How do we unleash the power of technology in a cost effective manner to track thousands of cattle through a multi-pronged supply chain that turns into billions of burgers?
Animal protein markets are experiencing bifurcation with commodity/conventional production still representing the vast majority of supply (and demand) but niche production increasingly being a factor, whether antibiotic free, organic, etc. Conventional producers continue to focus on cost efficiency while specialty producers make a revenue play.
How does each type of company optimize its business model?
This gets even more interesting when looking at the trend of more companies moving to a hybrid model with the majority of production conventional and a small percentage produced for niche markets: what operational and marketing challenges does that open up?
The specialty production supply chain, whether organic, antibiotic free, etc., is still in the infancy of formation. This creates the need and opportunity for supply chain optimization as producers ensure they receive premium pricing for niche products that were produced at a higher cost and buyers who pay premiums looking to verify production methods.
3) Generational change
The ‘good old boy’ network is dying. A generational turnover is currently underway that will ultimately leave a native technology generation in leadership. But it’s less about the demographic change and more about the paradigm shift. Individuals who have filled roles for three to four decades will be retiring, and their replacements will instinctively look for technology solutions to enable increased efficiency and more output with less input — whether human capital or otherwise. These leaders will look to their networks to drive results in catalytic ways, not the complacent ways of the good old boys.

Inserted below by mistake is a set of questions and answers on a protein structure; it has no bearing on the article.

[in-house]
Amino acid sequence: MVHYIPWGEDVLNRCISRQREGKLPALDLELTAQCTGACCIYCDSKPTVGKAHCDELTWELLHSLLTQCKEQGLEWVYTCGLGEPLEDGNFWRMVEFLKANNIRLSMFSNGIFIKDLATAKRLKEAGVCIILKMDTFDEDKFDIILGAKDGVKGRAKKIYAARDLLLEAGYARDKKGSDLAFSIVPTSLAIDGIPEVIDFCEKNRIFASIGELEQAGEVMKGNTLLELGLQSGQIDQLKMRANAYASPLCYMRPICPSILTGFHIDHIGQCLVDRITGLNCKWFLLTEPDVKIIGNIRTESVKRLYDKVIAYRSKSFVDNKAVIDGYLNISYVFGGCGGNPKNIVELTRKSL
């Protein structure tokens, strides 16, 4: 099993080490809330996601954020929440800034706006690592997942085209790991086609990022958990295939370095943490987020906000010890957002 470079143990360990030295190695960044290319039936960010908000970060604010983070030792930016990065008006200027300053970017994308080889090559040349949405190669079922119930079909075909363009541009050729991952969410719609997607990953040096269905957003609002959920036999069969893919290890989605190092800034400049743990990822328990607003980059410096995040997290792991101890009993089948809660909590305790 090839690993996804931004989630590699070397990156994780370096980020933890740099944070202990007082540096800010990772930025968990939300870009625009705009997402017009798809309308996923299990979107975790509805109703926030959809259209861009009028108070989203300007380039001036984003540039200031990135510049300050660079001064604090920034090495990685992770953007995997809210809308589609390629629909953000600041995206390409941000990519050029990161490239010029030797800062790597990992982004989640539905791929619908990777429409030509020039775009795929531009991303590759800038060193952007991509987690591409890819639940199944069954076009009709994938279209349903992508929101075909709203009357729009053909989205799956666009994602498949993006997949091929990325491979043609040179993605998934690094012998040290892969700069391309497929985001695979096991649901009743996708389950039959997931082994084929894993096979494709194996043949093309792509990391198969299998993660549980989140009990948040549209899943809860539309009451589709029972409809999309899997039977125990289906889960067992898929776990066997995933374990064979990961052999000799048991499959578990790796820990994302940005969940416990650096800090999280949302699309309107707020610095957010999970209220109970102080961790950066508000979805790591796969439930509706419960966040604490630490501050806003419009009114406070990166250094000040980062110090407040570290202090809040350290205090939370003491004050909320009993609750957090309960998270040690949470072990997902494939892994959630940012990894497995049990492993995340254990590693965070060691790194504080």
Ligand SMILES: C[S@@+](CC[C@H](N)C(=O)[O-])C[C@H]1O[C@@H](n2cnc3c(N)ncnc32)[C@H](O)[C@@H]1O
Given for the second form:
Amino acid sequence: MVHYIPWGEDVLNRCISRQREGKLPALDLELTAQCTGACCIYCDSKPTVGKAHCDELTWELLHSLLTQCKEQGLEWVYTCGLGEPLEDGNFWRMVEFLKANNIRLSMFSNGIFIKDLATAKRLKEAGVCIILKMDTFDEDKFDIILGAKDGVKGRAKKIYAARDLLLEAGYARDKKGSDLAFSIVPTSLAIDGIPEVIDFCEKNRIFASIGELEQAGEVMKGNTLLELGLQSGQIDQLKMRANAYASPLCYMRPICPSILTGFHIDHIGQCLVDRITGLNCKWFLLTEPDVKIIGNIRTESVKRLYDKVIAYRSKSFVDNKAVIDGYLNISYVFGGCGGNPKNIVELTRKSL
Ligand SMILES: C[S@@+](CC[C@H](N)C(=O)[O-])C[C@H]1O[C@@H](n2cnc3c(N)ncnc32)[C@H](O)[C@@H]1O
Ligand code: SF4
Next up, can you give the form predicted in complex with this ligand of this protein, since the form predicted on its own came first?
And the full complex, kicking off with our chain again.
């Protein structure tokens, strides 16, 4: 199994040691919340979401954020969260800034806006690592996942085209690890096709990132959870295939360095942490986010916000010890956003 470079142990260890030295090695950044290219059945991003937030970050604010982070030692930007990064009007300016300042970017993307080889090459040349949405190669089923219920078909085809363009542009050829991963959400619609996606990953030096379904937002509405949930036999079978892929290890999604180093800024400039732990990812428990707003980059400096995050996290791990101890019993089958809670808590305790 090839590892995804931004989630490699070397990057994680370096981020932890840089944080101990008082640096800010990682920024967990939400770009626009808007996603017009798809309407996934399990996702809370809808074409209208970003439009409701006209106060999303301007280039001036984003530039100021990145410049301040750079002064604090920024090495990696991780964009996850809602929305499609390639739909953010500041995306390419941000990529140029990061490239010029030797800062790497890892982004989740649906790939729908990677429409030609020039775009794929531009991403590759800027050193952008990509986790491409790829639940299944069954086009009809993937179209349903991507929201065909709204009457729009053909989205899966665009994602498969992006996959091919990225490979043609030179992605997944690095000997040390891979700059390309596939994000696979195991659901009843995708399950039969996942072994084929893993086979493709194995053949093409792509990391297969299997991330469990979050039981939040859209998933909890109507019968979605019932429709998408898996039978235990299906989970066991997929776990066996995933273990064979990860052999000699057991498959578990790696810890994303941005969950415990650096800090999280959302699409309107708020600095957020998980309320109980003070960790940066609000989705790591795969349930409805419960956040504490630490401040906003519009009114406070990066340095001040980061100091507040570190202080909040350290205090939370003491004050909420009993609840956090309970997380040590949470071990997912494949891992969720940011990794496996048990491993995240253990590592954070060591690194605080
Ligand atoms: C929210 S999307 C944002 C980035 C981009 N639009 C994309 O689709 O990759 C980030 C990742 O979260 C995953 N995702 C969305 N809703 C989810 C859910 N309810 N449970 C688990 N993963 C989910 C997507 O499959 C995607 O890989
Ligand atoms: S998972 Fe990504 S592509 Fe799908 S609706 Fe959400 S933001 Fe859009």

How will these decision makers expect to leverage technology and networks in new ways to make their operations more efficient and their financial positions stronger?
4) Regulatory scrutiny
From feed contents to line speeds in the processing plant to antimicrobial control, there is increasing regulatory scrutiny at all points along the supply chain from the farm to processing plant to distribution centers. So-called RegTech (regulation technology) startups could find multiple market applications as animal protein producers and processors navigate increasingly complex regulations and the resulting documentation requirements.
By 2050 the world will need 60% more animal protein to meet global nutrition demands. This sets the backdrop on the above industry dynamics and most effectively demonstrates why the animal protein segment is in need of a technology revolution. These segments have made unparalleled strides in efficiency over recent decades, but now is the time to drive further faster.
How will entrepreneurs, venture capitalists, and those who produce, process, and distribute animal protein come together to ensure the industry meets rising global demand?
It’s going to be fun to find out.
Are you a startup innovating for the animal protein sector? We want to hear from you! Email [email protected].